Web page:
Minister monitoring new college fees

Fees increasing above 2% cap for colleges and universities must be for new services, Advanced Education Minister Andrew Wilkinson says

Advanced Education Minister Andrew Wilkinson

New fees at B.C. colleges and universities are being monitored to ensure that new services are being offered and are worth the money, Advanced Education Minister Andrew Wilkinson says.

Wilkinson was responding to NDP questions about college administrators and student societies reporting increased fees appearing on student tuition bills this year. NDP education critic Kathy Corrigan said the ministry has found a way around its policy that increases to tuition and mandatory fees are capped at two per cent per year.

Corrigan said the new fees will cost Selkirk College students $144 more per year for two-semester programs, and Vancouver Island University students will see $188 in additional fees.

Selkirk College increased its fees 4.5 per cent to cover costs of a career portal to match up students with employers. Wilkinson said employer services and co-op placement fees are typical of new services provided by colleges and universities, as the province moves to improve employment links for post-secondary education.

“We’ve told the institutions, colleges and universities, that they have to be able to justify those fees by showing benefits to students,” Wilkinson said. “We’re monitoring that on an ongoing basis.”

He said students and student societies will be surveyed at the end of the current term to see if they received useful service for their fees.

NDP critics pointed to a November newsletter from North Island College president John Bowman, describing a “new interpretation” of the policy on fees.

After the debate in the B.C. legislature, the deputy minister of advanced education released a letter to all post-secondary students to clarify the tuition cap policy. It was introduced in 2005 and extended in 2007 to include “institutional and program mandatory fees.

“For new programs, boards establish the tuition amount for the first year, and the two per cent limit applies thereafter,” the letter states.

 

Just Posted

Suspect in custody after Castlegar break and enters

RCMP reminding residents to look their doors.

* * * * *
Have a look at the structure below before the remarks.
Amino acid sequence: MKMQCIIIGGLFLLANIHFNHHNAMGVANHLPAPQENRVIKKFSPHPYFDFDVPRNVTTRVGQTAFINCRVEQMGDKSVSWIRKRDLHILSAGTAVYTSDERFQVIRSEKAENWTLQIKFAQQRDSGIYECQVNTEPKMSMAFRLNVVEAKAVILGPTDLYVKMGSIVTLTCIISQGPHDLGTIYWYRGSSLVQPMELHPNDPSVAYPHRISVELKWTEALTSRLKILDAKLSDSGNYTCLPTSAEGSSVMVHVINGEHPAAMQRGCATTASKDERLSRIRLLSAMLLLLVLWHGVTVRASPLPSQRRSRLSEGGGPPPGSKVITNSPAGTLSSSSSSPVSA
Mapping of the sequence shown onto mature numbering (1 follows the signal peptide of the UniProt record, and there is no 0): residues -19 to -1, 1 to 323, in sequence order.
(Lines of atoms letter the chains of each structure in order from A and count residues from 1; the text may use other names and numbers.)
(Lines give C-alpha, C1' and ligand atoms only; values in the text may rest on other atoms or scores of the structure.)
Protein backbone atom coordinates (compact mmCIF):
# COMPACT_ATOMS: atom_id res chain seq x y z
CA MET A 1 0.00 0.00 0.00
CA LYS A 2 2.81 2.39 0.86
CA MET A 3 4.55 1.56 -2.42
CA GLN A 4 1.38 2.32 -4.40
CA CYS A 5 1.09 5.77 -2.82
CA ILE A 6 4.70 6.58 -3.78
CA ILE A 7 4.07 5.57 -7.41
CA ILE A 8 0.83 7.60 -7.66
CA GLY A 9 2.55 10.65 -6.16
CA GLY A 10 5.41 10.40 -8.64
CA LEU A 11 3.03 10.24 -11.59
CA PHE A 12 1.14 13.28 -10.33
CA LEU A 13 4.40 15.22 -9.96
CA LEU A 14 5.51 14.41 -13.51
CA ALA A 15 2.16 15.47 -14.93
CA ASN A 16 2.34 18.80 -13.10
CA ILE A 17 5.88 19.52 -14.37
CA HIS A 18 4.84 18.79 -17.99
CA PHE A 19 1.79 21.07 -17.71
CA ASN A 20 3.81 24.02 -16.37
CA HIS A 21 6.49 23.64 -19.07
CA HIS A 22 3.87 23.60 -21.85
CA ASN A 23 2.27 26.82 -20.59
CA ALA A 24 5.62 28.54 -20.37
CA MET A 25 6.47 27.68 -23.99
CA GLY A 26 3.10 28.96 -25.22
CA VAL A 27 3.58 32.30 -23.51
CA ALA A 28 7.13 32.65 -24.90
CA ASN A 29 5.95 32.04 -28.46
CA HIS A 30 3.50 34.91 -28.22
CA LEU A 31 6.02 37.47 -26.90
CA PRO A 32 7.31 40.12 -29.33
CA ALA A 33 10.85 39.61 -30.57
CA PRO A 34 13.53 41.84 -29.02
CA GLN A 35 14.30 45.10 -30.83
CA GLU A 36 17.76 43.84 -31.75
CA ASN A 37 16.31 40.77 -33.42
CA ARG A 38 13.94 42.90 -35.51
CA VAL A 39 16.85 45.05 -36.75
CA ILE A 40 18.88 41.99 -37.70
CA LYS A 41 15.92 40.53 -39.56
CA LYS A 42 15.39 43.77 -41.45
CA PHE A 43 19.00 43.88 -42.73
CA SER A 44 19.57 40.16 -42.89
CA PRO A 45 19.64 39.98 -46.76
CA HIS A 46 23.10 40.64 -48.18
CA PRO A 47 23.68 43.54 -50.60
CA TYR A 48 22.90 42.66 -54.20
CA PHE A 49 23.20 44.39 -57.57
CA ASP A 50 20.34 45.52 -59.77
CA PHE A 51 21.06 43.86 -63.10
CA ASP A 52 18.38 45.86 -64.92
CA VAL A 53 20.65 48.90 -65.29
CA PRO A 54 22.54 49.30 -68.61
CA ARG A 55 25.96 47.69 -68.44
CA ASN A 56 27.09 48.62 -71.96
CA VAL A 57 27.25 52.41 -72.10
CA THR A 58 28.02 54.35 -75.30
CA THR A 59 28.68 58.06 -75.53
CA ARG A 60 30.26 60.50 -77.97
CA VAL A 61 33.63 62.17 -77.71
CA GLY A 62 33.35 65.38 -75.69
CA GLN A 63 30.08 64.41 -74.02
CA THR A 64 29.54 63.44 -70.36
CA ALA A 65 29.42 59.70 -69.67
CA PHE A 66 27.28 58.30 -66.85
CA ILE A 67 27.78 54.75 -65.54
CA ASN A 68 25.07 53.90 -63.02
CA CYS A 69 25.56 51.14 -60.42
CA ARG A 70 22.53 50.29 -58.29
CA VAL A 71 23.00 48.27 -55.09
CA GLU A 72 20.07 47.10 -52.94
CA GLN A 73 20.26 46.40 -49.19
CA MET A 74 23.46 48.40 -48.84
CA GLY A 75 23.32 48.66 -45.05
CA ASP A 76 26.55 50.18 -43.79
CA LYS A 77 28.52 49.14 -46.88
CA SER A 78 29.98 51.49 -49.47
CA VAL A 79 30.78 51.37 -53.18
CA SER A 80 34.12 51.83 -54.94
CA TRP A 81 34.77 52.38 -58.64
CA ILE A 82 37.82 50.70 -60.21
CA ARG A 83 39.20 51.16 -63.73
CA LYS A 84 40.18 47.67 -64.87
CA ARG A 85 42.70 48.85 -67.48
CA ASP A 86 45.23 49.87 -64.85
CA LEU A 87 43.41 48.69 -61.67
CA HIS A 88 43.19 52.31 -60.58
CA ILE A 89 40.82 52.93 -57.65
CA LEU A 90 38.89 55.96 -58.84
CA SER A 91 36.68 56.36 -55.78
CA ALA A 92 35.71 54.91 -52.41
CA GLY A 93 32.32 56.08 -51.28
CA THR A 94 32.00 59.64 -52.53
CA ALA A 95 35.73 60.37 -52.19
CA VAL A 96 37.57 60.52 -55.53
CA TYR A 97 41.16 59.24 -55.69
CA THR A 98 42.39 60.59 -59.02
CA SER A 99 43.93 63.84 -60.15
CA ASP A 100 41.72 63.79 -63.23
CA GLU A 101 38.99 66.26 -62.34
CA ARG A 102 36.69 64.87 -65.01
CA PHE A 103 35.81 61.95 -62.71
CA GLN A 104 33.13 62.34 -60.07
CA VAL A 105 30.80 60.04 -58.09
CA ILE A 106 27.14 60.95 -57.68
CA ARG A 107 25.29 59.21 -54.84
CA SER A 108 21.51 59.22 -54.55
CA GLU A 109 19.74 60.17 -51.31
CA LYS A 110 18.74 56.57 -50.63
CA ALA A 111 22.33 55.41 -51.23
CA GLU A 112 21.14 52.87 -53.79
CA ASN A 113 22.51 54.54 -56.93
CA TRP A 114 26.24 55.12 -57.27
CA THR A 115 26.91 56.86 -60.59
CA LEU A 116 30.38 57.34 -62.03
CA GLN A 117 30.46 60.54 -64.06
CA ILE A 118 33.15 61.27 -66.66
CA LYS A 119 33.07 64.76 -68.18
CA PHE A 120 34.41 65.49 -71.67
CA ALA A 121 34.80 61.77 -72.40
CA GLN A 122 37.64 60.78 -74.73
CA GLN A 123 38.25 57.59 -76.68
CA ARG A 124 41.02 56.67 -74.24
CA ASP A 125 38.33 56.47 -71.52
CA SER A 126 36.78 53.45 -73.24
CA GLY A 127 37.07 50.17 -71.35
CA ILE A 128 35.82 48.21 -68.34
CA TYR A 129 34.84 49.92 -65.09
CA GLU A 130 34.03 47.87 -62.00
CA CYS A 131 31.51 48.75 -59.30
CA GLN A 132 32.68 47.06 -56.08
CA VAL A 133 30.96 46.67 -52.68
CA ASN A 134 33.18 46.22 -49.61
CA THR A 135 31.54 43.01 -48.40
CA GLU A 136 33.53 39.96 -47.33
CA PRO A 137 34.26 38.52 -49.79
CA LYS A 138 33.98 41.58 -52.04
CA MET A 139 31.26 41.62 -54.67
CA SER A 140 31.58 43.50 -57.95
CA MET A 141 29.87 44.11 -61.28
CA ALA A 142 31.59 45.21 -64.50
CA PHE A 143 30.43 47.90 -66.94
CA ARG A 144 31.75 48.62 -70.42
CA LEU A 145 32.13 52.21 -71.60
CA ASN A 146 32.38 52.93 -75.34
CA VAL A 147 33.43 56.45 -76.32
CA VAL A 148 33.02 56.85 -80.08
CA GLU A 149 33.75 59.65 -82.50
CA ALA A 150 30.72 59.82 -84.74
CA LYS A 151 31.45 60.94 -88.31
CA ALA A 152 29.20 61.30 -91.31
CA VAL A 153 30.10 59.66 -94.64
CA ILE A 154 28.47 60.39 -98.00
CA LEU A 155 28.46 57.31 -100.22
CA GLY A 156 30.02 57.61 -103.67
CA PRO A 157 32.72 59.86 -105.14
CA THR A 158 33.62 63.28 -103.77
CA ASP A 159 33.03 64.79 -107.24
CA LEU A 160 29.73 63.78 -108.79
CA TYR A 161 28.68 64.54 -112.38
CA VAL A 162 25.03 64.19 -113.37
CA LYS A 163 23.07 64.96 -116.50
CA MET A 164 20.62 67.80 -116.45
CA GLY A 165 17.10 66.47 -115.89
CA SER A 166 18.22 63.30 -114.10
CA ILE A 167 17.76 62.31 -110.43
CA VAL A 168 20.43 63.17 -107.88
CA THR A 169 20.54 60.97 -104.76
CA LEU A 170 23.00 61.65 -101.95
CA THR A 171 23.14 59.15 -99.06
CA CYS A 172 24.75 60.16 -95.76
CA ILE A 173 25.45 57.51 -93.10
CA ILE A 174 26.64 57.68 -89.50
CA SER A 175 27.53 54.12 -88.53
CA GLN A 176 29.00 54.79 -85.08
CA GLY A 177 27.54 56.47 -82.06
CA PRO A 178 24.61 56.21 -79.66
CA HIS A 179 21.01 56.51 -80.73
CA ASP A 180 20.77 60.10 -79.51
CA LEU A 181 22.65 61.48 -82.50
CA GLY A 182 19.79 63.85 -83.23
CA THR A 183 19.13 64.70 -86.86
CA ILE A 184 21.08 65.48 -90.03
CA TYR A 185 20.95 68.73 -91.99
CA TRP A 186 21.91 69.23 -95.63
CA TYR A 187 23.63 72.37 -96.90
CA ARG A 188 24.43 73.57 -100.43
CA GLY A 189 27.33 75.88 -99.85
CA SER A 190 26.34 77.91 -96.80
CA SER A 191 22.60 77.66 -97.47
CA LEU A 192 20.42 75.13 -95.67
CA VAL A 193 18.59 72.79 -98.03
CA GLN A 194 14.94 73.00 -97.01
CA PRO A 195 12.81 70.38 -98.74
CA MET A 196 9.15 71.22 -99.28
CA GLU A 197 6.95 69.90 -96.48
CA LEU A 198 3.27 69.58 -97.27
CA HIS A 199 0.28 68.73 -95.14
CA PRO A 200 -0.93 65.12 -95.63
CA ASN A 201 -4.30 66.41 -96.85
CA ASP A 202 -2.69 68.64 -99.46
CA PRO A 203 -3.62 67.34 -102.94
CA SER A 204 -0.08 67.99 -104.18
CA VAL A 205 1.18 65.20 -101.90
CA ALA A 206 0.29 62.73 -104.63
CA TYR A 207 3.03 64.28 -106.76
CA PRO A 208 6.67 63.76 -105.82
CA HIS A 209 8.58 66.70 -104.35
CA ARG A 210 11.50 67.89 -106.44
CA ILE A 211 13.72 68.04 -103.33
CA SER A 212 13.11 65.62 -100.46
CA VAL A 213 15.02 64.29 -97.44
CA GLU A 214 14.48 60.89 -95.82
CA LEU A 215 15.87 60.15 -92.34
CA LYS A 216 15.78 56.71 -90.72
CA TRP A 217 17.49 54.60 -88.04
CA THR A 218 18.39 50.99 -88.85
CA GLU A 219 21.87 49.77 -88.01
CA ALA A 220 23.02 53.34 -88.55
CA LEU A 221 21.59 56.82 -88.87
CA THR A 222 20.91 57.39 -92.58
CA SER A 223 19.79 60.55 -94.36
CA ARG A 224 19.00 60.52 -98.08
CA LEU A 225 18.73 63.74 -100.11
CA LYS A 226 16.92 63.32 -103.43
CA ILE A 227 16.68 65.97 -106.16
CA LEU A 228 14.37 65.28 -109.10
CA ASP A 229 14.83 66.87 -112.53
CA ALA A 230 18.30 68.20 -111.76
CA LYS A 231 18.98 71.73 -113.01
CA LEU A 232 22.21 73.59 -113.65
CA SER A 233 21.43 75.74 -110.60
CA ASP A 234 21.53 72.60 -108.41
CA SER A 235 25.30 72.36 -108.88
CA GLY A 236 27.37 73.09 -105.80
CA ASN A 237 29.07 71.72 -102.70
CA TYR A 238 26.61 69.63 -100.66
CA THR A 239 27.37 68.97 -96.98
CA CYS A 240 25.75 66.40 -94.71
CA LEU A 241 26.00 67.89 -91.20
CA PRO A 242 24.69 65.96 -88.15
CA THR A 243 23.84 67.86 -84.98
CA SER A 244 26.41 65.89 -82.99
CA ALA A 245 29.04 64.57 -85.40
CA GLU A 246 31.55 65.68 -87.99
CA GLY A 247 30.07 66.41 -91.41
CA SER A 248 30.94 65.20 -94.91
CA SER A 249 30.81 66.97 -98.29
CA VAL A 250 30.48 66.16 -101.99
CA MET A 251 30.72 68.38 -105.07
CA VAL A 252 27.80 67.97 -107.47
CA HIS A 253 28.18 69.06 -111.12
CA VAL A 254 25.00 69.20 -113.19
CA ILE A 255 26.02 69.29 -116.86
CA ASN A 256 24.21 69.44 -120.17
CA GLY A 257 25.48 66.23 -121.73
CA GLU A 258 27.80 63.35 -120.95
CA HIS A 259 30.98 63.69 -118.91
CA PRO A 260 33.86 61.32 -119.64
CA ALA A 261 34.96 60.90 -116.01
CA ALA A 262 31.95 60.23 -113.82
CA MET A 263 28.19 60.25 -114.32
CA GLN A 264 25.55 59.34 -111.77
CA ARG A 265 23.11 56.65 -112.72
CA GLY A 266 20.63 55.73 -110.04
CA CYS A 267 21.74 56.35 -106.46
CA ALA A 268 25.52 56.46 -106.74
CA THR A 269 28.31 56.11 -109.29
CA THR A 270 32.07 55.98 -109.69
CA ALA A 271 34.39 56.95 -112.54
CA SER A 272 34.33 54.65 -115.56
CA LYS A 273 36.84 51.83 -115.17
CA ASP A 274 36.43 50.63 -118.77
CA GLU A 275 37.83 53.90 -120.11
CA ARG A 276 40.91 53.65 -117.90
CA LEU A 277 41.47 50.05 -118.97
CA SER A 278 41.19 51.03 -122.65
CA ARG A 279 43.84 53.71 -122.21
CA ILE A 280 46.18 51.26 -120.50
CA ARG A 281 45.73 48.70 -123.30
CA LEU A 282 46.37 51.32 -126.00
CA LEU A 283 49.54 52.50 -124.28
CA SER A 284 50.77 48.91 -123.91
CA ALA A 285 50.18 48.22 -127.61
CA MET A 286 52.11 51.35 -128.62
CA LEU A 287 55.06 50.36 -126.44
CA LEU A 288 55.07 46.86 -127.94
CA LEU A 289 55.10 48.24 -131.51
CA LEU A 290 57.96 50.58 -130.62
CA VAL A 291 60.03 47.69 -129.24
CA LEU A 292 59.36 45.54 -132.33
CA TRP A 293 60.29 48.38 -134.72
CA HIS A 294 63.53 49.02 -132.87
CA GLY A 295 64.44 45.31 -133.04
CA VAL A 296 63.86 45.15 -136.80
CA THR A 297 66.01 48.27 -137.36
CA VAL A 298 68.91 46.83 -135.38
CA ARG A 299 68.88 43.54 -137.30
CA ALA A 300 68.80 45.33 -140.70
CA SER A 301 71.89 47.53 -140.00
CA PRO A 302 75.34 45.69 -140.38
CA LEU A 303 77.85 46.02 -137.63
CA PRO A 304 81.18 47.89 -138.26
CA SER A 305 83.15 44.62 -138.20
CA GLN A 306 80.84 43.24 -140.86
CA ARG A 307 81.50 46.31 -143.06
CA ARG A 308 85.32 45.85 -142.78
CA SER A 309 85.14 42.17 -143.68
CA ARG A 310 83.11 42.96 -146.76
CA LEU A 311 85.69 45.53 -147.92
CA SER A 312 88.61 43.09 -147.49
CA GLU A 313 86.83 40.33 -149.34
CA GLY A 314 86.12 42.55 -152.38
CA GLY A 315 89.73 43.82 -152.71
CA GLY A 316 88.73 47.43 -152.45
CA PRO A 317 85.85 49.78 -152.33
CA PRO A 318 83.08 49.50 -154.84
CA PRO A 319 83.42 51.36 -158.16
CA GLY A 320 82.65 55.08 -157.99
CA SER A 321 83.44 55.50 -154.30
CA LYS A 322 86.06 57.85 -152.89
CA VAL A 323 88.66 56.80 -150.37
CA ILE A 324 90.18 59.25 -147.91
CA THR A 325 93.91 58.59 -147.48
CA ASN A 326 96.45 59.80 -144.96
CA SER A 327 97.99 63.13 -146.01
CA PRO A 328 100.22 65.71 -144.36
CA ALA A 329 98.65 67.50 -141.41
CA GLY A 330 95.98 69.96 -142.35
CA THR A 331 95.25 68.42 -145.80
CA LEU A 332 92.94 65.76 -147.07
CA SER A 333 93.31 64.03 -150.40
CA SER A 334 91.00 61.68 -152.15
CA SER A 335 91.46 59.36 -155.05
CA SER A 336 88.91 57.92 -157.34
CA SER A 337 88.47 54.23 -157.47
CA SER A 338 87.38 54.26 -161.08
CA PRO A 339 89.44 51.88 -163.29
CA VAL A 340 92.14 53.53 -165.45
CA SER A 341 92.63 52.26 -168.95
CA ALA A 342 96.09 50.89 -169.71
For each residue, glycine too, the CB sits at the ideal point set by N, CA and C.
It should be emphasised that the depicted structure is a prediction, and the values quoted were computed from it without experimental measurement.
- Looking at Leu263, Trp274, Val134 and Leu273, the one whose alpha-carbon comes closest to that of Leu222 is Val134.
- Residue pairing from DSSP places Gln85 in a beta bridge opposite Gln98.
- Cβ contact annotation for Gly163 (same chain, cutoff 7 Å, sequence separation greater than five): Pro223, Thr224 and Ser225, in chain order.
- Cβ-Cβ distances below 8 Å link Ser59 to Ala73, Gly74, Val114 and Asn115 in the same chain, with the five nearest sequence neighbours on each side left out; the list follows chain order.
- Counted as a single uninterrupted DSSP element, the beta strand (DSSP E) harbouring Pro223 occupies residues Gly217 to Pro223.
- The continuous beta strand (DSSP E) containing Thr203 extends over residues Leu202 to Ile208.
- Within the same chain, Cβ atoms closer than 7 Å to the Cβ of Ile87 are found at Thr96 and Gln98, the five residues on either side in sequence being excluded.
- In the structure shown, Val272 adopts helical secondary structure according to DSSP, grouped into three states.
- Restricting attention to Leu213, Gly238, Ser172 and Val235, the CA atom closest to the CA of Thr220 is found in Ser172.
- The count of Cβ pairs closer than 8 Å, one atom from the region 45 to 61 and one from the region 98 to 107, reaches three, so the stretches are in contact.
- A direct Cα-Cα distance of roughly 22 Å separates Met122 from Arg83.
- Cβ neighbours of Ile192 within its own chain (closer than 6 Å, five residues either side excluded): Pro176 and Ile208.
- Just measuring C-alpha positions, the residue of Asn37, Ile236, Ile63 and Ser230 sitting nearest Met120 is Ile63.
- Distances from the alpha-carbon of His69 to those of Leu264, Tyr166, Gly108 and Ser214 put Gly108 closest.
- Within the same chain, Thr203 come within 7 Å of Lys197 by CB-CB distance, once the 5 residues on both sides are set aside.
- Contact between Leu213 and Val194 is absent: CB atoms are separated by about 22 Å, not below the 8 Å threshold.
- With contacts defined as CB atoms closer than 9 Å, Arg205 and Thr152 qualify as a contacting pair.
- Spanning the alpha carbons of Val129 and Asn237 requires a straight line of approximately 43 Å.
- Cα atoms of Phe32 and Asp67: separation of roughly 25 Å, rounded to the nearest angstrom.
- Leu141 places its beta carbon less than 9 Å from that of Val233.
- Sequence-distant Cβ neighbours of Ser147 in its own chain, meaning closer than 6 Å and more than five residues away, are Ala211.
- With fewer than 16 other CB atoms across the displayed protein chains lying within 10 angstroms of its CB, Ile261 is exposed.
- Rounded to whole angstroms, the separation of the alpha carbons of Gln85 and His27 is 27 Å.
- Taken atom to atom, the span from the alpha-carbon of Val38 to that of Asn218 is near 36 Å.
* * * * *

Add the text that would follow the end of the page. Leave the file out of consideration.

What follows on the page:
Passenger counts still rising at West Kootenay Regional Airport

Reliability rates also on rise in second quarter.

Buddhist monument to be dedicated in Slocan cemetery

A new post has been created to mark the site where at least nine Japanese Canadians were cremated

PLACE NAMES: Grand Forks neighbourhoods, Part 2

No nuts were grown in Almond Gardens

Rich the Vegan scoots across Canada for the animals

Rich Adams is riding his push scooter across Canada to bring awareness to the dog meat trade in Asia

A year later, ceremony commemorates victims of the Danforth shooting

It’s the one-year anniversary of when a man opened fire along the bustling street before shooting and killing himself

Japanese Canadians call on B.C. to go beyond mere apology for historic racism

The federal government apologized in 1988 for its racism against ‘enemy aliens’

B.C. VIEWS: NDP pushes ahead with Crown forest redistribution

This isn’t the time for a radical Indigenous rights agenda

Two dead in two-vehicle crash between Revelstoke and Golden

RCMP are investigating the cause of the crash

Ottawa fights planned class action against RCMP for bullying, intimidation

The current case is more general, applying to employees, including men, who worked for the RCMP

Alberta judge denies B.C.’s bid to block ‘Turn Off the Taps’ bill

He said the proper venue for the disagreement is Federal Court

Canadian high school science courses behind on climate change, says UBC study

Researchers found performance on key areas varies by province and territory

Most Read